to the west, and the Mediterranean Sea to the south. It comprises the westernmost part of Eurasia. Since around 1850, Europe
Europe
is most commonly considered as separated from Asia
Asia
by the watershed divides of the Ural and Caucasus
Caucasus
Mountains, the Ural River, the Caspian and Black Seas, and the waterways of the Turkish Straits.[5] Though the term "continent" implies physical geography, the land border is somewhat arbitrary and has moved since its first conception in classical antiquity
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Netherlands
The Netherlands
The Netherlands
(/ˈnɛðərləndz/ ( listen); Dutch: Nederland [ˈneːdərˌlɑnt] ( listen)), also known informally as Holland, is a country in Western Europe
Europe
with a population of seventeen million
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Advent
Advent
Advent
is a season observed in many Christian
Christian
churches as a time of expectant waiting and preparation for the celebration of the Nativity of Jesus
Jesus
at Christmas
Christmas
as well as the return of Jesus
Jesus
at the second coming. The term is a version of the Latin word meaning "coming". The term "Advent" is also used in Eastern Orthodoxy
Eastern Orthodoxy
for the 40-day Nativity Fast, which has practices different from those in the West.[3] Latin adventus is the translation of the Greek word parousia, commonly used to refer to the Second Coming
Second Coming
of Christ. For Christians, the season of Advent
Advent
anticipates the coming of Christ from three different perspectives
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St. Martin's Day
Saint Martin's day, also known as the Feast of Saint Martin, Martinstag or Martinmas, as well as Old Halloween
Halloween
and Old Hallowmas Eve,[1][2] is the feast day of Saint Martin of Tours
Saint Martin of Tours
(Martin le Miséricordieux) and is celebrated on November 11 each year. This is the time when autumn wheat seeding was completed, and the annual slaughter of fattened cattle produced "Martinmas beef".[3] Historically, hiring fairs were held where farm laborers would seek new posts. Saint Martin of Tours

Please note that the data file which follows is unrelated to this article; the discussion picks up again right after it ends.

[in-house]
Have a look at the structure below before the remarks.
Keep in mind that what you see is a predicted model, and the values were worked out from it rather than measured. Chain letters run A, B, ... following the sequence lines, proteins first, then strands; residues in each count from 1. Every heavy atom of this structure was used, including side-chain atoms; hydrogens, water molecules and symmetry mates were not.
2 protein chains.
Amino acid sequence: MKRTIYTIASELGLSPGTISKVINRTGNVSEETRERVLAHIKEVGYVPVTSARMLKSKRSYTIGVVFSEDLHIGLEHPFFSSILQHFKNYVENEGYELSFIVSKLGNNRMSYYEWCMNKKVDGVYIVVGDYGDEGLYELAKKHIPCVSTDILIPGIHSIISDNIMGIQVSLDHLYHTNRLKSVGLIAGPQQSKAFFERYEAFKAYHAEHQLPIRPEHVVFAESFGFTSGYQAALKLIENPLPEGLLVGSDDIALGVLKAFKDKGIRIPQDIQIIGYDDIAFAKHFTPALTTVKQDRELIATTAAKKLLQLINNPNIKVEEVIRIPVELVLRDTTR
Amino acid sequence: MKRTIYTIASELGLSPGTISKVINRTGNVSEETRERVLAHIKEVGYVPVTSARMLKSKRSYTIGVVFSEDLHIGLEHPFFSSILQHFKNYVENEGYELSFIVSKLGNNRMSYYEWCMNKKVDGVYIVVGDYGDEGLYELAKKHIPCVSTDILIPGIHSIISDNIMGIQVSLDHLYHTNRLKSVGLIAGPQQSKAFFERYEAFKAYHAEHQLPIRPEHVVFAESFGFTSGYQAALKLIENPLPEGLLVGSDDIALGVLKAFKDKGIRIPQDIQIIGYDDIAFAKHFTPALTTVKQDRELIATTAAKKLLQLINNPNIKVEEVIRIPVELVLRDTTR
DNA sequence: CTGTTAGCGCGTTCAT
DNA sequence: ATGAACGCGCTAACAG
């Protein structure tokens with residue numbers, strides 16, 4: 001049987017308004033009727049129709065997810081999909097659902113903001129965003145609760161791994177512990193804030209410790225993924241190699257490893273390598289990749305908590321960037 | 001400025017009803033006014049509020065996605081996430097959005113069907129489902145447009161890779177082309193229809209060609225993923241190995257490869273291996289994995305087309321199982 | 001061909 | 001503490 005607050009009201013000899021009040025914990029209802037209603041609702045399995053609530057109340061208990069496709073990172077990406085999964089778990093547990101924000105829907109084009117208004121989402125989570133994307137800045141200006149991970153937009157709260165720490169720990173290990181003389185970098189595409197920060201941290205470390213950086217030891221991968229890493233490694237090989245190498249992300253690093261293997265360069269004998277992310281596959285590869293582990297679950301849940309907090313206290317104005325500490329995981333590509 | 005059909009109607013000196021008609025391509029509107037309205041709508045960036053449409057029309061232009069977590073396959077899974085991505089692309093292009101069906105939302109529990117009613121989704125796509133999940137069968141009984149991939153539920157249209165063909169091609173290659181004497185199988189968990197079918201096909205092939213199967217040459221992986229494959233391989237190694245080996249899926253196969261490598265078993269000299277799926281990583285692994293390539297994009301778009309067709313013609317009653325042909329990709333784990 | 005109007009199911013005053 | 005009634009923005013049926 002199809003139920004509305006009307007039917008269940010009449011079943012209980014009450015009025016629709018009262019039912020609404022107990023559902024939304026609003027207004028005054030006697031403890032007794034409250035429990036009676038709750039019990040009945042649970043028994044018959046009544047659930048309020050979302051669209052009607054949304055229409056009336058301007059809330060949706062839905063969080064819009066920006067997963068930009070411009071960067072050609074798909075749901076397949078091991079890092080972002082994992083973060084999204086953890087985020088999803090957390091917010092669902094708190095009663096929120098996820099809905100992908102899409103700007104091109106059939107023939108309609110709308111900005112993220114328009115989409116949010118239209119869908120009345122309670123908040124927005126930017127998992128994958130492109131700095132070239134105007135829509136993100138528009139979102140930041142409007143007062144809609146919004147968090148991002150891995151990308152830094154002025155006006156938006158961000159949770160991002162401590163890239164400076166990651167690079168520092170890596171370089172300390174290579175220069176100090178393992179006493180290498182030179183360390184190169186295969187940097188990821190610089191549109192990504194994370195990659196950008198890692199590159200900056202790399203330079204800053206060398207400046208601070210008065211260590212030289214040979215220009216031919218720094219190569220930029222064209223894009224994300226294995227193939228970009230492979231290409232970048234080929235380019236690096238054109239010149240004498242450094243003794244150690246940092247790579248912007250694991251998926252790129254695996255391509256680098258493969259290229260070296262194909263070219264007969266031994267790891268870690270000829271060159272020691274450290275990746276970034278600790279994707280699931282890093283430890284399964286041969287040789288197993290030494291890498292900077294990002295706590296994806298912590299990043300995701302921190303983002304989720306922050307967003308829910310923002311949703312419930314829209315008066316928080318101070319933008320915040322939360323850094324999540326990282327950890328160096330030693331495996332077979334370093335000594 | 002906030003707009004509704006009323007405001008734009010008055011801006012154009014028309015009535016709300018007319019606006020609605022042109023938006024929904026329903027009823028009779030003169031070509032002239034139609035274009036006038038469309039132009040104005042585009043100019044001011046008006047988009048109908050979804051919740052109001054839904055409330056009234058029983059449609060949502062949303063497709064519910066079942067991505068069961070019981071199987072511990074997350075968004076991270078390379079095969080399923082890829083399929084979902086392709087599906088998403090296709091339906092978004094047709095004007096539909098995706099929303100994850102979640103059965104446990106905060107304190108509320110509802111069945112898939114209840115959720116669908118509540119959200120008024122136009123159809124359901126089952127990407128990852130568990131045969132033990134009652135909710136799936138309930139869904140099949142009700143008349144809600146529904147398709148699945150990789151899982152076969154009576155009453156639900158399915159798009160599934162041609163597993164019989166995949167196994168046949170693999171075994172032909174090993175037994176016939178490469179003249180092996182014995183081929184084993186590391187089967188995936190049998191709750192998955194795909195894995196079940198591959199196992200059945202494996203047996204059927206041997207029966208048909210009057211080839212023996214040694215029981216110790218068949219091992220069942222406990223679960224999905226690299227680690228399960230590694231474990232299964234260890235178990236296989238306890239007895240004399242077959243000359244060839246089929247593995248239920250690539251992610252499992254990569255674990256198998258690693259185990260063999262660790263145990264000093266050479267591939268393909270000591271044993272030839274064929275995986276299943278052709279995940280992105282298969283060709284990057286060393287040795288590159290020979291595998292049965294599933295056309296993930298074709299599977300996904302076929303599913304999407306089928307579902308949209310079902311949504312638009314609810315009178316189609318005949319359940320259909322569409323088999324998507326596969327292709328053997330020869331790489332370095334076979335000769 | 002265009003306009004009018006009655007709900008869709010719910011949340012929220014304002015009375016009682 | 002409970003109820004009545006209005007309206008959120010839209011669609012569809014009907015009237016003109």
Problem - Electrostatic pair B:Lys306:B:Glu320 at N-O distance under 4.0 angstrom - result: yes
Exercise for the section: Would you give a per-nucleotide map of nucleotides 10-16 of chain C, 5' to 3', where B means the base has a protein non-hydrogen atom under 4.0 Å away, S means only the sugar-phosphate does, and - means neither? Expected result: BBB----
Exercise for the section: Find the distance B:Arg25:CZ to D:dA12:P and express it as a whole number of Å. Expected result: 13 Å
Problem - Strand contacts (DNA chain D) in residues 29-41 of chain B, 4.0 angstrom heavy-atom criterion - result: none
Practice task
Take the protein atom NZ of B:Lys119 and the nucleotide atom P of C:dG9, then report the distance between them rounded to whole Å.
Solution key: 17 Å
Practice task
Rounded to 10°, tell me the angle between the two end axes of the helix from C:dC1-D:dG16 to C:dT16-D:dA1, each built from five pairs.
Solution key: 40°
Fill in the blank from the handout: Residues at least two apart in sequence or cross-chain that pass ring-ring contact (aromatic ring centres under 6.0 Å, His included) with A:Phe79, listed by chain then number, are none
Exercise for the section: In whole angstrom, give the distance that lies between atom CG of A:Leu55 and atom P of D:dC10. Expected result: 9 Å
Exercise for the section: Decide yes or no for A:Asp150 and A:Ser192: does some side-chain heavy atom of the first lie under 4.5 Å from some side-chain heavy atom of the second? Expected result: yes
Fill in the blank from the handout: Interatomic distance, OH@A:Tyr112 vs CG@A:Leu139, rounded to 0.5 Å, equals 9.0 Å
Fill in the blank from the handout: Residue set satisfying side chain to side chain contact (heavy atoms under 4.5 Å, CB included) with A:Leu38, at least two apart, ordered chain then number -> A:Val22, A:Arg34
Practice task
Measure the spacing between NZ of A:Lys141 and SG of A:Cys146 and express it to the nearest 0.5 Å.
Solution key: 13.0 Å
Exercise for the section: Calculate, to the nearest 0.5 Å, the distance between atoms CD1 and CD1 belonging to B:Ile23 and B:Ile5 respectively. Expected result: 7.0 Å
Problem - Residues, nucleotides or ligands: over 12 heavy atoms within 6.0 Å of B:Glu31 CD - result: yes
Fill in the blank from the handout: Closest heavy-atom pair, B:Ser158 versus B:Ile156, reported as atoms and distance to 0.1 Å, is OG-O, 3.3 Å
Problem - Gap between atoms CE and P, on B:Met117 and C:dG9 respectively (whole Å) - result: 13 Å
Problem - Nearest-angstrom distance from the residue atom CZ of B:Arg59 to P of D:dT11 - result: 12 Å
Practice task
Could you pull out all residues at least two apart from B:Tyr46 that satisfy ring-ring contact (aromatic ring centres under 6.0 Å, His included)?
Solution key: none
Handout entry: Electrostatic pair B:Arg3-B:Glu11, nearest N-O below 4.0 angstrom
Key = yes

Saint Martin of Tours
was a Roman soldier who was baptised as an adult and became a monk. The most famous legend concerning him was that he had once cut his cloak in half to share with a beggar during a snowstorm, to save the latter from the cold
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Latin
Latin
Latin
(Latin: lingua latīna, IPA: [ˈlɪŋɡʷa laˈtiːna]) is a classical language belonging to the Italic branch of the Indo-European languages. The Latin alphabet
Latin alphabet
is derived from the Etruscan and Greek alphabets, and ultimately from the Phoenician alphabet. Latin
Latin
was originally spoken in Latium, in the Italian Peninsula.[3] Through the power of the Roman Republic, it became the dominant language, initially in Italy and subsequently throughout the Roman Empire. Vulgar Latin
Vulgar Latin
developed into the Romance languages, such as Italian, Portuguese, Spanish, French, and Romanian. Latin, Greek and French have contributed many words to the English language
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Dutch Language
 Aruba  Belgium  Curaçao  Netherlands  Sint Maarten  Suriname Benelux European Union South American Union CaricomRegulated by Nederlandse Taalunie (Dutch Language Union)Language codesISO 639-1 nlISO 639-2 dut (B) nld (T)ISO 639-3 nld Dutch/FlemishGlottolog mode1257[4]Linguasphere 52-ACB-aDutch-speaking world (included are areas of daughter-language Afrikaans)Distribution of the Dutch language
Dutch language
and its dialects in Western EuropeThis article contains IPA phonetic symbols. Without proper rendering support, you may see question marks, boxes, or other symbols instead of Unicode
Unicode
characters